Darkest Hour stars Gary Oldman. It is directed by Joe Wright, who directed Pride & Prejudice, Anna Karenina, and my personal favorite, Hanna. The script was written by Anthony McCarten, the writer of The Theory of Everything.
Everyone is talking about an Oscar for Gary Oldman on this film. I have to admit I’m not all that interested in Churchill as an historical figure. But I’ve seen several portrayals of Churchill and Oldman’s is the most captivating. Director Joe Wright’s version of this moment in history creates an urgency and intensity that is difficult to imagine in a war film that shows no war. There are two overshadowing stars in this film – Gary Oldman and the cinematography.
Darkest Hour should have been titled Darkest Two Hours. The cinematography is oppressively dark and tight, setting the mood for the pressure faced by Churchill. The film is set almost entirely in the cramped offices and war rooms below Parliament. Little of the outside world and war is shown. Even the encroaching Nazi army is merely a map, moving towards the unknowing citizens of England. It became claustrophobic, which works very well. One imagines Churchill’s booming voice as the bombs we know will eventually drop on London. It left me tense and shell shocked. In the end, the film’s resolution releases the audience from a mere tinge of the pressure that was created.
Director Joe Wright said in a discussion at 92Y, that he was coming from a place of great doubt when he made this film. He had just lost $100 million dollars on “Pan”. Portraying the doubt that Churchill had in sacrificing resources and lives, when his own government wasn’t behind him, must have been appealing. The theme of doubt is pulled throughout the story as Churchill edits his speeches after the red light for radio air goes on, and his avoidance of the question on peace negotiations.
When Wright received the script, he said he’d only do it if Gary Oldman worked with him. To his shock, Mr. Oldman was willing. The other obstacle in making this film miraculously evaporated. At almost 60 years of age, Gary Oldman decided he wasn’t willing to pack on 80 pounds for this role. Oldman said he’d only take the part if he could lure Kazuhiro Tsuji, of Planet of the Apes fame, back to the chair. Tsuji left Hollywood and wasn’t interested in coming back. But he agreed!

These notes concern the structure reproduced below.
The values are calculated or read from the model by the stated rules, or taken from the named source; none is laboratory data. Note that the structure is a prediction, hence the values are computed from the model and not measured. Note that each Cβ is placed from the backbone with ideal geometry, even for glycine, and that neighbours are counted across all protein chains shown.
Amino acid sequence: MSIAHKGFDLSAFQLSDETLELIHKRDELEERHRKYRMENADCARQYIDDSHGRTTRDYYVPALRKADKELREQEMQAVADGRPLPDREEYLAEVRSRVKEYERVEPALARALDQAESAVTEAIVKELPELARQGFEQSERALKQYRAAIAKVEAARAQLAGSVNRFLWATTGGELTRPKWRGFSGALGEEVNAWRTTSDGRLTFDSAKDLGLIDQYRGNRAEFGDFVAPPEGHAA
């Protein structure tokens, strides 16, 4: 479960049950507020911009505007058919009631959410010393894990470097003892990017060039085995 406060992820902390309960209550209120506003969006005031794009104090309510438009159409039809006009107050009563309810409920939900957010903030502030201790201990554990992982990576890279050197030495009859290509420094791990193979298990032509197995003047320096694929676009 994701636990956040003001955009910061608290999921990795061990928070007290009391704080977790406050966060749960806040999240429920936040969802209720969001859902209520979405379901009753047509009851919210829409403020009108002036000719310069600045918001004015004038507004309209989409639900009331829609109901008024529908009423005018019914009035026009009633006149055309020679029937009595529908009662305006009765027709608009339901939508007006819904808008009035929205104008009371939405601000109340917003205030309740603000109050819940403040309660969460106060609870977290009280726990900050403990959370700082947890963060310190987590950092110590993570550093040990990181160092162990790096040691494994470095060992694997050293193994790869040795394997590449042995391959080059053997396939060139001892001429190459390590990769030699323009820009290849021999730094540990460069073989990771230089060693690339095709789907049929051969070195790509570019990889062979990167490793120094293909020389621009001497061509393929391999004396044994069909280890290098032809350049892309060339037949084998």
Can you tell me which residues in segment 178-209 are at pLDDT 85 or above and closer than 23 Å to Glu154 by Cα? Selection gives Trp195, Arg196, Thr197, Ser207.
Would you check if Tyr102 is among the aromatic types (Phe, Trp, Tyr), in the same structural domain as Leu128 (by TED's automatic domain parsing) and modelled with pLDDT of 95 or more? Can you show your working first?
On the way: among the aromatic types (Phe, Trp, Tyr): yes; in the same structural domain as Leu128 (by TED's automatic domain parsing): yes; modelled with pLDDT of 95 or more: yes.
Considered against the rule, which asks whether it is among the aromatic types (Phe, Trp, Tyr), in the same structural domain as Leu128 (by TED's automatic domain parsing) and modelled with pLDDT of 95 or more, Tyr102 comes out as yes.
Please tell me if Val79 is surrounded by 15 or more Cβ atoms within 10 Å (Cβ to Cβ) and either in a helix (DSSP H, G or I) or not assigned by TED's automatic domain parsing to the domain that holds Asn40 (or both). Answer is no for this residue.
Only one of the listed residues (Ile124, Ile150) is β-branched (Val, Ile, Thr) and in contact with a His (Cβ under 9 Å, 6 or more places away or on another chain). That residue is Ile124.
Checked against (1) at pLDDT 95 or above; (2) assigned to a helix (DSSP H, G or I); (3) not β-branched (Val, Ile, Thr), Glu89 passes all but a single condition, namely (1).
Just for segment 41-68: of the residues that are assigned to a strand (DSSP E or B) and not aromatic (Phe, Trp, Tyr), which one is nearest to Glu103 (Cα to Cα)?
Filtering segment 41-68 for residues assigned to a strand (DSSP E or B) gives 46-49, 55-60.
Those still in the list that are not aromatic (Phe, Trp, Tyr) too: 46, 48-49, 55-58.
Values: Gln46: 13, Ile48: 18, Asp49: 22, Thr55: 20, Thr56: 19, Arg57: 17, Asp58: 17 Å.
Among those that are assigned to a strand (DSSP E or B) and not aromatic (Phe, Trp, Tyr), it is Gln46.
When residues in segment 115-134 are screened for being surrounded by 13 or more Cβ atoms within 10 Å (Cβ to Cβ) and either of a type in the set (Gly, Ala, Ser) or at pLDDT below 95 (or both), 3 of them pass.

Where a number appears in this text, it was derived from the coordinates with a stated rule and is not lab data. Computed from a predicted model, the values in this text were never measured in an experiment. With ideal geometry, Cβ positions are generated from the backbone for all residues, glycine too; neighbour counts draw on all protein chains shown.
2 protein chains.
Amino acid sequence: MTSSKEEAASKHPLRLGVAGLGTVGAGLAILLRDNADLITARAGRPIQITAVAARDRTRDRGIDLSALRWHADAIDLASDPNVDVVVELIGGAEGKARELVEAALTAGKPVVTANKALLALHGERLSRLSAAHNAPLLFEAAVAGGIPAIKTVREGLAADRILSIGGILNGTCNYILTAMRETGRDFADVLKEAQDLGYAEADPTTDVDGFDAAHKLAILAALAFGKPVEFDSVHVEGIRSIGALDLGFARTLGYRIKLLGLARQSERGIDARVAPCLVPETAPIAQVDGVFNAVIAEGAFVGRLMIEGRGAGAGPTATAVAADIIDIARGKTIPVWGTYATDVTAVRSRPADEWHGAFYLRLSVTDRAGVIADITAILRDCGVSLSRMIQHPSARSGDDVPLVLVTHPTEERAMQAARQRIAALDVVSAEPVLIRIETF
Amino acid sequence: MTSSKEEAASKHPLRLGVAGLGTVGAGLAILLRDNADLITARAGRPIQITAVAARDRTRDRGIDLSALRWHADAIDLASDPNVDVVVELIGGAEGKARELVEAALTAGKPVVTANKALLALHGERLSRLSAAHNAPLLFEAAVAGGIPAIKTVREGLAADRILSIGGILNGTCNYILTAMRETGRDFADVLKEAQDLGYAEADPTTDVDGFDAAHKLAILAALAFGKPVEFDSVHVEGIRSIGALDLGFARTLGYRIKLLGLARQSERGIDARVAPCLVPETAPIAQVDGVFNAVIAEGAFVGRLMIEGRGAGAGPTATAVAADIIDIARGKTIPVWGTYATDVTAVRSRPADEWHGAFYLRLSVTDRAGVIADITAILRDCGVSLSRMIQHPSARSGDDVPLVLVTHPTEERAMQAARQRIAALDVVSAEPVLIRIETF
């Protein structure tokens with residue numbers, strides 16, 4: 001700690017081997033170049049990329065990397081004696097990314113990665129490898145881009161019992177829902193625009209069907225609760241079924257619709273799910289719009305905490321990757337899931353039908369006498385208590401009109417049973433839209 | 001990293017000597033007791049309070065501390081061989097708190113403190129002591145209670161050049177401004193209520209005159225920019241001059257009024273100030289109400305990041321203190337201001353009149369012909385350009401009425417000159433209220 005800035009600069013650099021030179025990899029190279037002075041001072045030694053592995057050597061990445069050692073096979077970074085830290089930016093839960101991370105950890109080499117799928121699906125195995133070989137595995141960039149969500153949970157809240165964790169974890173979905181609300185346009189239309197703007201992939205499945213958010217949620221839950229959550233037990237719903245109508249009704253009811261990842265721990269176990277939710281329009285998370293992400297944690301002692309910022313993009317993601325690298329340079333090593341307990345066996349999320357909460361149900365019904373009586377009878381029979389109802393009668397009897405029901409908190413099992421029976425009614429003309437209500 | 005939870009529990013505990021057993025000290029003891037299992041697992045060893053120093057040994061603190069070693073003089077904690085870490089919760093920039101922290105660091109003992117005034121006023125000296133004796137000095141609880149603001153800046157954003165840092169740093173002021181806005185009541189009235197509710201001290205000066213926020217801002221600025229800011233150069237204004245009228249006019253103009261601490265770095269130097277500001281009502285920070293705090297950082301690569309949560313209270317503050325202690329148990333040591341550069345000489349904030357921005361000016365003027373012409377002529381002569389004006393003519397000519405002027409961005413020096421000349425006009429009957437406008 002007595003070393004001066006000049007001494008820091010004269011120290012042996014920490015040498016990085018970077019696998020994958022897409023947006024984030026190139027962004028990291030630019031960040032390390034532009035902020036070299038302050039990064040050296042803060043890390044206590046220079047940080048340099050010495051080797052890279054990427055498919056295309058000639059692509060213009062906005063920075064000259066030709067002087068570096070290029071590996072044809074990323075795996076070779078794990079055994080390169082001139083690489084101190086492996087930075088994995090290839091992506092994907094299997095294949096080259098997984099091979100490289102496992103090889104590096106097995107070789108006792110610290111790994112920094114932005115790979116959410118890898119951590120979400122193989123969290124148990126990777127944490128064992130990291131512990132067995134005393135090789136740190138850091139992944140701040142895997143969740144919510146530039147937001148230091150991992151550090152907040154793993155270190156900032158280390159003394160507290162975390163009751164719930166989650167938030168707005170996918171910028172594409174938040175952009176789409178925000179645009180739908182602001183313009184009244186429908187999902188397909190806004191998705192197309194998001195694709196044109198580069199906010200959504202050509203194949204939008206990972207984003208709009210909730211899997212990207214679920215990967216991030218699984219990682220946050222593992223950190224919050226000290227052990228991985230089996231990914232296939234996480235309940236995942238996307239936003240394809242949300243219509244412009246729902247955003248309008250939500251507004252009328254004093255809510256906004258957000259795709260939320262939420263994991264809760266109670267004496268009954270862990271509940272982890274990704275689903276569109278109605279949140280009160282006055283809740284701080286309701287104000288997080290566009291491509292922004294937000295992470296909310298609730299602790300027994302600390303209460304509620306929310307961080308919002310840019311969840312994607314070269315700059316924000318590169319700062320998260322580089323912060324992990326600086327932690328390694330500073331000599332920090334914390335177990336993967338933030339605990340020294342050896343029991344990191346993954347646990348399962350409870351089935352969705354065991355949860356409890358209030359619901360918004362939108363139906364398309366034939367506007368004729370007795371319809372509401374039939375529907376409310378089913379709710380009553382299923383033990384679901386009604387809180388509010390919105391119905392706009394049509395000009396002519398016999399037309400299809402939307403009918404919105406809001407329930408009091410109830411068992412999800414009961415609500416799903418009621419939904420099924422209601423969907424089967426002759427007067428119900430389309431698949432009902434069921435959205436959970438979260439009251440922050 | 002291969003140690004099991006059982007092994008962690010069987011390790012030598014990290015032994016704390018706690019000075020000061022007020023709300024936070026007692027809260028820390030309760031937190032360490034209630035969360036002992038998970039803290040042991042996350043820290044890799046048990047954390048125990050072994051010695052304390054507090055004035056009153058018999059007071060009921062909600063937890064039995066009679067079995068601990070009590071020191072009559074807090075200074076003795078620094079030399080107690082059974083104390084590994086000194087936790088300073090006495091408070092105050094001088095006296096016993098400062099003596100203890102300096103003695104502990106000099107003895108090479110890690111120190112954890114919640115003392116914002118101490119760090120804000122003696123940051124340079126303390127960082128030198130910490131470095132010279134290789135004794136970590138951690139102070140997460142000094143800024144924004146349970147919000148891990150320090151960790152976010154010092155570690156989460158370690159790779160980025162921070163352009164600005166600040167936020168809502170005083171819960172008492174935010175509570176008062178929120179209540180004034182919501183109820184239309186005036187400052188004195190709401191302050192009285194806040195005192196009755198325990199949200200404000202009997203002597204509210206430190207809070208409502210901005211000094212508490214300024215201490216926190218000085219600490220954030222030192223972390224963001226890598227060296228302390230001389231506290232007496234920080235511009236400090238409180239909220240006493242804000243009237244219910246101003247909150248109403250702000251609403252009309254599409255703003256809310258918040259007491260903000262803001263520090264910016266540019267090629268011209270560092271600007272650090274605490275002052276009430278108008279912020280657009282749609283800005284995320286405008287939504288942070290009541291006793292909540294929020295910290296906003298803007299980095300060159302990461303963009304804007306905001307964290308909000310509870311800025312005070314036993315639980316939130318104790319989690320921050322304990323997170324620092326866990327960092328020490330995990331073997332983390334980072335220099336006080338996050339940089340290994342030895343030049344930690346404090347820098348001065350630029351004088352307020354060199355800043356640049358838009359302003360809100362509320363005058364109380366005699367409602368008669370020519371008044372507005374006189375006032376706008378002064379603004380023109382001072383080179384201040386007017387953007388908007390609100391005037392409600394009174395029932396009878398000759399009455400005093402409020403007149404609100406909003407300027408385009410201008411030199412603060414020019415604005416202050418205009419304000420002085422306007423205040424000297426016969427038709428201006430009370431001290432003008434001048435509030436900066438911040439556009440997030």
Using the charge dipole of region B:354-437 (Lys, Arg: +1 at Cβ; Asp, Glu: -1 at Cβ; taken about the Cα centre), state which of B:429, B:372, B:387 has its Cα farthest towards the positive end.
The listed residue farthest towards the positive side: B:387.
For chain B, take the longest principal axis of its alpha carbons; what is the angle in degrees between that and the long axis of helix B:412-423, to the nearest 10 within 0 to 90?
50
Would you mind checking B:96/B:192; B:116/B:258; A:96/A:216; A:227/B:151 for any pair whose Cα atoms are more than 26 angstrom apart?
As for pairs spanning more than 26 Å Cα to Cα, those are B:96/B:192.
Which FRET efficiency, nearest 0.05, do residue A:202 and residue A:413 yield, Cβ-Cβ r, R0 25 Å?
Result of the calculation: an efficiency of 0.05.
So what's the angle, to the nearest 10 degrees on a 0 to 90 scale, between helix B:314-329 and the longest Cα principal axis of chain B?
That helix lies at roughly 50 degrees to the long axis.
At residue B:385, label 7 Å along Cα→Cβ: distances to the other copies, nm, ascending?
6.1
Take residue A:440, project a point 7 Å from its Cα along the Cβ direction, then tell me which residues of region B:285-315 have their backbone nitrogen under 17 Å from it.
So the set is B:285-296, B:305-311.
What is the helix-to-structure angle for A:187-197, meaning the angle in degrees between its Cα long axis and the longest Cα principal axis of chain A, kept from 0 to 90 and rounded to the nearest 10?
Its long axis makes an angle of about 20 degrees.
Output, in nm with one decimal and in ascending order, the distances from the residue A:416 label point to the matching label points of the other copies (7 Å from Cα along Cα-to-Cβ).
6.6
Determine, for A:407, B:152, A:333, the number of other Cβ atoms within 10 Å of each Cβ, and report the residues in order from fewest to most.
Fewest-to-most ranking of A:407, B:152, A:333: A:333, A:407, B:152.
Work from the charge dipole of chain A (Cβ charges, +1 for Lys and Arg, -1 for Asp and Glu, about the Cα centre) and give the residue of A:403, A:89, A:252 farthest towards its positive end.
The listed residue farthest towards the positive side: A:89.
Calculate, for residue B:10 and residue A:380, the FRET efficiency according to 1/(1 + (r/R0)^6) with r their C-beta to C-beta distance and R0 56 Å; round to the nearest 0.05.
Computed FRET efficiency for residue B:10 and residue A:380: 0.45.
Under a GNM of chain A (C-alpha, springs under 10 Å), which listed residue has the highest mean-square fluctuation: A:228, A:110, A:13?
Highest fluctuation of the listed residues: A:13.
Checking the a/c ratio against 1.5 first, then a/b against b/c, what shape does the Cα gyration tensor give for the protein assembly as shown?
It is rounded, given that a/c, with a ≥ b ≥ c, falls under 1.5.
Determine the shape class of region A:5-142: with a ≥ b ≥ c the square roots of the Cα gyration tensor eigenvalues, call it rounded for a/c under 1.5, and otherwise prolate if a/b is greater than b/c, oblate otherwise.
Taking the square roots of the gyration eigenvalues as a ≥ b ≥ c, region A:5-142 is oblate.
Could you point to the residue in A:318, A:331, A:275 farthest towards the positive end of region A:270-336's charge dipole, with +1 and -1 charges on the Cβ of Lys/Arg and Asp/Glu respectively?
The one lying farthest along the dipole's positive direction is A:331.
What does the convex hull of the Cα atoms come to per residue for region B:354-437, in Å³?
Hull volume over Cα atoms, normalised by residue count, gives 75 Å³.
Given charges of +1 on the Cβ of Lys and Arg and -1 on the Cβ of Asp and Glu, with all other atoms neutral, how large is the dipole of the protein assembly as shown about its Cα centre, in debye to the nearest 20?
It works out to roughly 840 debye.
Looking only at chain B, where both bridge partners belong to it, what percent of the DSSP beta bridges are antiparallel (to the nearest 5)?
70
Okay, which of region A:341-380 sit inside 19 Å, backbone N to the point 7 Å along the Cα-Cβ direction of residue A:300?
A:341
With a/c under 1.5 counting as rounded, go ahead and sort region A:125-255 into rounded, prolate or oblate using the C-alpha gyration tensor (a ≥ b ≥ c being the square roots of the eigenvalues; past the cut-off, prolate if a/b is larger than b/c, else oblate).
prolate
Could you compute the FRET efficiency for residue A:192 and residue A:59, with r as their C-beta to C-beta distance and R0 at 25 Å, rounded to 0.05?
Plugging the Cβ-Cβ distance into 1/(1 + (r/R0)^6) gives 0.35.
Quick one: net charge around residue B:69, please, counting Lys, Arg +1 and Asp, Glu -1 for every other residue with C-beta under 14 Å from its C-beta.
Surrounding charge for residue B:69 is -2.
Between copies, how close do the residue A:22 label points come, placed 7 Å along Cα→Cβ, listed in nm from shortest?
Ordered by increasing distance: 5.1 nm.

Oldman said he wanted to paint a more human character, not the iconic image people remember from speeches. After the first attempts that were too heavy, Oldman and Tsuji came to a happy medium on the facial prosthetics. One of the quirks he brought the role was the worrisome scratches Churchill carved impatiently into the armrest of his chair.
Darkest Hour is playing in select cities and opens nationwide December 22, 2017.
If you need to take a break from the typical holiday movie, check out Darkest Hour. The you’ll know what all the buzz is about on Oscar nomination day!
Below see the trailer and press release.
During the early days of World War II, with the fall of France imminent, Britain faces its darkest hour as the threat of invasion looms. As the seemingly unstoppable Nazi forces advance, and with the Allied army cornered on the beaches of Dunkirk, the fate of Western Europe hangs on the leadership of the newly-appointed British Prime Minister Winston Churchill (Academy Award nominee Gary Oldman). While maneuvering his political rivals, he must confront the ultimate choice: negotiate with Hitler and save the British people at a terrible cost or rally the nation and fight on against incredible odds. Directed by Joe Wright, DARKEST HOUR is the dramatic and inspiring story of four weeks in 1940 during which Churchill’s courage to lead changed the course of world history.
Photo Source : Darkest Hour, Jack English & Focus Features